HH: What is October about?
KE:October is another one like Legato. It’s hard to explain how I write these, October especially. I wrote it to a classical piece by the same name. I feel like my subconscious kind of takes over sometimes when I’m writing poetry, the right words come into my mind at the right times, and I try to arrange them in a way that will effectively convey either a feeling, a message, a story, or at my best, all three. October is about the idea of change. It’s pounded into our minds these days that change is always a good thing, but I don’t agree. I wanted the story that I told in October to be angry, but also sad–angry because the person addressed as “you” made choices that led to a complete negative transformation without regard for the speaker or really for themselves, and sad because the speaker has, through this change, lost the person they used to know and love. And October is a changing season.
HH: It sounds like you also play an instrument-violin?
KE: I actually play the saxophone, but I do like the violin and it shows up often in my poetry, though I don’t know quite why! I like the grace that a violin has, the movement of the bow and the sound of it.
HH: Does your love for music play a part in, or somehow facilitate, your writing?
KE: Sometimes I just listen to a solo piano piece and write to the music, staying with the beat and not letting myself stop until the very end. That’s how I wrote Surrender and October.
HH: Can you give me some “behind the scenes” insights into your poetry-writing process?
KE: Behind the scenes…I think that the reason poetry works so well for me is just that I am acutely aware of everything going on around me at all times…I’m constantly studying, noting, and processing both obvious information as well more intuitive observations that I gather from the people and the world around me. I think my brain is on analysis overdrive, and I need an outlet for everything I’m thinking so intently about! And that outlet is poetry. My “writing process” is never one concrete procedure. I usually just have these spinning thoughts that I take and kind of sculpt until they’ve formed a poem. Other times I will hear a phrase that catches my attention, or have an interesting abstract idea and make a mental note to expand on it later in a poem.
HH: Do you find writing poetry cathartic?
KE: I definitely find poetry writing cathartic. I can’t express anything verbally the way I can in writing. Writing is just so much easier for me, so much more natural. So the most reflexive way for me to express any emotion is to write a poem, because I can take the feeling and make something tangible out of it, instead of keeping it unseen inside of me. And further into the concept of catharsis, I think that I’ve become so attuned to emotions because of how much time I spend working with them, so to speak, in my poems. Poetry isn’t necessarily about emotion, but a significant portion of mine begins with one.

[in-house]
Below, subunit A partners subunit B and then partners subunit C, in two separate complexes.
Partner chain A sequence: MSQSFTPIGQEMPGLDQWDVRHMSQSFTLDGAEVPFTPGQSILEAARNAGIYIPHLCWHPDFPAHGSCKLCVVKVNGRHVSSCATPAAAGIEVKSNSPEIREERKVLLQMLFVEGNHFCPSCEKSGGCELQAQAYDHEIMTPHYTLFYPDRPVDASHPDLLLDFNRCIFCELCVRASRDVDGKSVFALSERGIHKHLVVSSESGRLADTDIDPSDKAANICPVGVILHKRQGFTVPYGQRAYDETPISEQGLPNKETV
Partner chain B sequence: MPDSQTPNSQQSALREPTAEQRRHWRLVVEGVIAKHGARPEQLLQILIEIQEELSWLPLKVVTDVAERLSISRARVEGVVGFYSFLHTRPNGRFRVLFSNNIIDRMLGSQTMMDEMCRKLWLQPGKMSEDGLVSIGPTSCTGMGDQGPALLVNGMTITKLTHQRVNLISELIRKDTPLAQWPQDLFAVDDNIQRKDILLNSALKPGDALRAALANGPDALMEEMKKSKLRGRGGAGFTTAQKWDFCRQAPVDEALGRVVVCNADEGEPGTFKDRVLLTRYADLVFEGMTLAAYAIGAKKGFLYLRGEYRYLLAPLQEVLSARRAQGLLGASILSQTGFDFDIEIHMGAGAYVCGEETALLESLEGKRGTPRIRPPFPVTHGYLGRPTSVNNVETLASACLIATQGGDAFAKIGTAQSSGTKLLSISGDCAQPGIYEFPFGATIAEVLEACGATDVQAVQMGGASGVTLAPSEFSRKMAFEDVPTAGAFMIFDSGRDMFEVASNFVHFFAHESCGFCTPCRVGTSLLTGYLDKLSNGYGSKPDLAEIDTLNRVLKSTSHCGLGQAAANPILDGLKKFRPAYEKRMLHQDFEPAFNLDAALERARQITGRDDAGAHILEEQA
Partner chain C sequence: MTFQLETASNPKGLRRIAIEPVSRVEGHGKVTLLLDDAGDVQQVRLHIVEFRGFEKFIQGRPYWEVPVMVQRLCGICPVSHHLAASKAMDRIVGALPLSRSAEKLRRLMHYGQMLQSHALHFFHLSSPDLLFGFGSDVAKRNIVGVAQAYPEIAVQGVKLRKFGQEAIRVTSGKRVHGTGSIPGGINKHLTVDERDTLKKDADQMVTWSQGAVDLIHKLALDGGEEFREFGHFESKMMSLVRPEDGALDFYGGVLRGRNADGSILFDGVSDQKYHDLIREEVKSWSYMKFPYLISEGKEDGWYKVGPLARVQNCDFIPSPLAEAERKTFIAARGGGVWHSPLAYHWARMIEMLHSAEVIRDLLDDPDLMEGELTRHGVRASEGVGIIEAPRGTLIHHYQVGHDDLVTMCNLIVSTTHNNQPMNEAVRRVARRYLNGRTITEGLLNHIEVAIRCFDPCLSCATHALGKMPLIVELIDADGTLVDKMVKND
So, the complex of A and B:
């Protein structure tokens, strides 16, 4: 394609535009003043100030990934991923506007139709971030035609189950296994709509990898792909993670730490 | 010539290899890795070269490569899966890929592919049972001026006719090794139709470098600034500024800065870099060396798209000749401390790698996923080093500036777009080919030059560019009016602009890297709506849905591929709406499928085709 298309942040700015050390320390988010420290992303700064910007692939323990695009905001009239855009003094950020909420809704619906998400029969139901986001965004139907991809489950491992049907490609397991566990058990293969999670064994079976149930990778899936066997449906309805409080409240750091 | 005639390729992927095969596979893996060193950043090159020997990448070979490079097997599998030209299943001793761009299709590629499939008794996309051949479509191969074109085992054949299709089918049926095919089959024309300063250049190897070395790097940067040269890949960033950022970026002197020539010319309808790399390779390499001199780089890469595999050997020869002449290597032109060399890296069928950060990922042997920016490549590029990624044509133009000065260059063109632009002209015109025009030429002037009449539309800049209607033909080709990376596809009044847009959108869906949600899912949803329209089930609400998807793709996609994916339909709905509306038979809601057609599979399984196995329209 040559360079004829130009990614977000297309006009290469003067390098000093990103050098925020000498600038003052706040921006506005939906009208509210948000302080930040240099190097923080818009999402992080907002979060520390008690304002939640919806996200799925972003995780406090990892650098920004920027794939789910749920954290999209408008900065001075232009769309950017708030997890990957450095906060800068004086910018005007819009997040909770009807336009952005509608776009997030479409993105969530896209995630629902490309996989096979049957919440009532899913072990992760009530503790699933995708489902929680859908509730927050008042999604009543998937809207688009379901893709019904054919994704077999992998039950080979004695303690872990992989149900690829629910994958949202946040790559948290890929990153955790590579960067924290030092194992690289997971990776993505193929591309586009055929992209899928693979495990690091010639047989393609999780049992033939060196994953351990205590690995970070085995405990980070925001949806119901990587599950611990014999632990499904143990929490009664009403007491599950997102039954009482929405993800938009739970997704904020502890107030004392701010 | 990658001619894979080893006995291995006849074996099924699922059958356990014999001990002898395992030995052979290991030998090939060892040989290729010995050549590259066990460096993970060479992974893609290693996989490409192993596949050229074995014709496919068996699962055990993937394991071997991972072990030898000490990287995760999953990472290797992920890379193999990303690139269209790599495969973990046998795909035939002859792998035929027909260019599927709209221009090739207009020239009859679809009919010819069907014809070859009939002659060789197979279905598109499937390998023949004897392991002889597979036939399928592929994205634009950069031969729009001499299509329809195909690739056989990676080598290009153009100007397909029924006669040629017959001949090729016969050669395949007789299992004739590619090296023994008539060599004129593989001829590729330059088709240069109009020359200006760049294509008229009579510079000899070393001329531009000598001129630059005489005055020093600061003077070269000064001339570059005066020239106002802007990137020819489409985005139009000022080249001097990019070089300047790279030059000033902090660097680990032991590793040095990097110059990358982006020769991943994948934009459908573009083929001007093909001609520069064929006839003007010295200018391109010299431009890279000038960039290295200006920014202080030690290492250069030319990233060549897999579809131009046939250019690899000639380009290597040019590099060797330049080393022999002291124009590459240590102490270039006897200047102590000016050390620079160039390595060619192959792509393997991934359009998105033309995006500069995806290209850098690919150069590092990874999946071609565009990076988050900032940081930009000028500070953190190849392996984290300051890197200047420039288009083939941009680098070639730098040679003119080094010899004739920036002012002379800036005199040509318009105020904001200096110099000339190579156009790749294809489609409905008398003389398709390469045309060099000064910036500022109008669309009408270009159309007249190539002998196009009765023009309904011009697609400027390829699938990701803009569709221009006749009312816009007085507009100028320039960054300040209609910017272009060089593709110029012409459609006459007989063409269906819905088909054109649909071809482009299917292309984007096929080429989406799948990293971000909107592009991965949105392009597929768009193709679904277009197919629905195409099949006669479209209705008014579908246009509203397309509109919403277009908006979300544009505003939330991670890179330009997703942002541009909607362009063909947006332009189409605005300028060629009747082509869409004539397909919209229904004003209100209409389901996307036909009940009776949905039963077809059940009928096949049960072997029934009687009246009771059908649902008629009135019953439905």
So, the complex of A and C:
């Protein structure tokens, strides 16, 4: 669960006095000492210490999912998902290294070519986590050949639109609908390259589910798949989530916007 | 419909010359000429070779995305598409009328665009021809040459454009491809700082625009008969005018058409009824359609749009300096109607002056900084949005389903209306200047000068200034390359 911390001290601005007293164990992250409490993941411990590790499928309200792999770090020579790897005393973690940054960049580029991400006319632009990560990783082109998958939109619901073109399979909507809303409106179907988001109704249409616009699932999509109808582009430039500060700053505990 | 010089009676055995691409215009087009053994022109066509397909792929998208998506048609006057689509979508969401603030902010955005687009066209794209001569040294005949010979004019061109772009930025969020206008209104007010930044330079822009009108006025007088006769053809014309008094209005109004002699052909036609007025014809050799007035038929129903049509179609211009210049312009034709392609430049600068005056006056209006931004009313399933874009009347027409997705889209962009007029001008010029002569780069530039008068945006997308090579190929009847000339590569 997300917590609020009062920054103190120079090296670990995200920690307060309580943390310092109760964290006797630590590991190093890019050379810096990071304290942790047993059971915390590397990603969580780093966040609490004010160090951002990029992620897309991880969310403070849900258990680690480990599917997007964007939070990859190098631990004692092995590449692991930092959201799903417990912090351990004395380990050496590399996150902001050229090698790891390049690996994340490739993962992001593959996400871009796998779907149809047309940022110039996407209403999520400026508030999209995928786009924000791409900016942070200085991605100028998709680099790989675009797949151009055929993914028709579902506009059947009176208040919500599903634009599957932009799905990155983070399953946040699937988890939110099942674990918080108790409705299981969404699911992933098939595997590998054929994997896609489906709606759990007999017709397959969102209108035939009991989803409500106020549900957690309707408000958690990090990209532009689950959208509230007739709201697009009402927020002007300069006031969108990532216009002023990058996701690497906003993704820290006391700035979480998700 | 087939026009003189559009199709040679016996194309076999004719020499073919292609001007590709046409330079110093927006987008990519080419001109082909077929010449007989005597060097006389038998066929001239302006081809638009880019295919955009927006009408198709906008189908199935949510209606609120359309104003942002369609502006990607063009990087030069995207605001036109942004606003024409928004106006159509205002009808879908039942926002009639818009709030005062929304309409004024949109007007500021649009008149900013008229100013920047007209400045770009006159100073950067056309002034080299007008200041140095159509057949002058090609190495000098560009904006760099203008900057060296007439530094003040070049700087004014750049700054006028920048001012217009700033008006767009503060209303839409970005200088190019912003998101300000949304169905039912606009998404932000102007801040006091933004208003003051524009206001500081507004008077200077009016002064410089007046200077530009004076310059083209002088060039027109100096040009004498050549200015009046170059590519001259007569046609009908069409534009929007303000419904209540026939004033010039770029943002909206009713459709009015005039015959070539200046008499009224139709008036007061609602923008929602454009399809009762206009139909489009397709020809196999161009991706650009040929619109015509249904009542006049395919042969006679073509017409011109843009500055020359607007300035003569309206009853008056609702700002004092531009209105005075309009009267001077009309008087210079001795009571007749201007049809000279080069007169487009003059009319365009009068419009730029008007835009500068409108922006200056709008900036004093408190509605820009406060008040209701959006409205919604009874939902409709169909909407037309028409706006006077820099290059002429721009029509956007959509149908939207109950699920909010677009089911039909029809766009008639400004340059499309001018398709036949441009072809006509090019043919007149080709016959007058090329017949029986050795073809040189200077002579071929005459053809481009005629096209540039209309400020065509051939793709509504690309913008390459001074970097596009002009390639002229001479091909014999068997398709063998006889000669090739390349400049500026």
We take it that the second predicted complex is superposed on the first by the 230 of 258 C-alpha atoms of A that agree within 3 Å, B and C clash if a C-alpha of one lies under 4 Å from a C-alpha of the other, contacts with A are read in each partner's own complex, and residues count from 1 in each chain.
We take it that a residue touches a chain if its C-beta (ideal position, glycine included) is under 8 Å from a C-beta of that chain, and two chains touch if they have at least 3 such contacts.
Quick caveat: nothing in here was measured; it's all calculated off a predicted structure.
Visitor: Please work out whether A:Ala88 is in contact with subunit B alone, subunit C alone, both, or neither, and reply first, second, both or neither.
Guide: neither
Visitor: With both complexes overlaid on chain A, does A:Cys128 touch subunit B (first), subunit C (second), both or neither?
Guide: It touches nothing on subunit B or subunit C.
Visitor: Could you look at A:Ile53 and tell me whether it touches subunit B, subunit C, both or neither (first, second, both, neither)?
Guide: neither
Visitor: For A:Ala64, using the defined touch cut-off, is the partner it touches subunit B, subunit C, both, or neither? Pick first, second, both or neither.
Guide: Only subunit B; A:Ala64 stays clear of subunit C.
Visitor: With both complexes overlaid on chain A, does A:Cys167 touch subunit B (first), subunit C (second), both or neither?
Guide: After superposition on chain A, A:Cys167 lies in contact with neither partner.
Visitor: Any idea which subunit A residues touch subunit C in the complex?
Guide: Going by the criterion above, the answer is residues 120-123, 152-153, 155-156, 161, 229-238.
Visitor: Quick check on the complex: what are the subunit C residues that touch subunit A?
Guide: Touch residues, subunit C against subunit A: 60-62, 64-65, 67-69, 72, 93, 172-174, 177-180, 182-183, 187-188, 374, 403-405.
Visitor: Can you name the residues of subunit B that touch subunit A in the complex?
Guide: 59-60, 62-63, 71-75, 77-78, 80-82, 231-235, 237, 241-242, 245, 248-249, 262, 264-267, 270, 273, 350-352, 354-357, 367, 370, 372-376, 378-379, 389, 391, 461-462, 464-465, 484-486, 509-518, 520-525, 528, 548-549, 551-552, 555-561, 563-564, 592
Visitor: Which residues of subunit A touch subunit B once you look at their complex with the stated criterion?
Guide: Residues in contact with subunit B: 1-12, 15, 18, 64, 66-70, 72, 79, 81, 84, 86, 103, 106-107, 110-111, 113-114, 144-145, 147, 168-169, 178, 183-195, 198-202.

HH: Who are some of your favorite poets/authors?
KE: My favorite poets are Mary Oliver, William Butler Yeats and Naomi Shihab Nye. My favorite authors are John Green, Jodi Picoult, Marcus Zusak, Ruta Sepetys, Sue Monk Kidd, Chris Cleave…well, and many others. I love to read.
HH: Back when I was in school, “write what you know” was common advice. What do you think about that?
KE: I think “write what you know” is a good place to start, for sure. But I also think it’s a bit limiting. If we all wrote strictly what we knew, then we’d have no books to read by Roald Dahl or Ray Bradbury or H.G. Wells. I think imagination is important. If you plan to actually publish a book or something, then you should have a thorough understanding of what you are writing about (if it does in fact exist) for the sake of valid information. But for a kid in school, I think letting go and just writing whatever comes to mind–be it real or imaginary, hypothetical, philosophical, whatever–will keep writing fun.
HH: Do you foresee a career in writing of some sort ?
KE: Definitely. I’m interested in being an editor for a fiction publishing company and doing my own writing simultaneously. I have lots of different interests though, so I’ll probably end up doing lots of different things. But I’ll always be writing. My two other passions…are riding horses and drawing. My family has a very small farm, and we have two horses, goats, chickens, and we often raise steers and pigs for meat.
HH: Is there anything else you’d like to share?
KE: There is a quote from Harry Potter and the Sorcerer’s Stone, when Dumbledore (one of my favorite fictional characters of all time) says, “I sometimes find, and I am sure you know the feeling, that I simply have too many thoughts and memories crammed into my mind…At these times…I use the Pensieve. One simply siphons the excess thoughts from one’s mind, pours them into the basin, and examines them at one’s leisure.” Poetry is my Pensieve.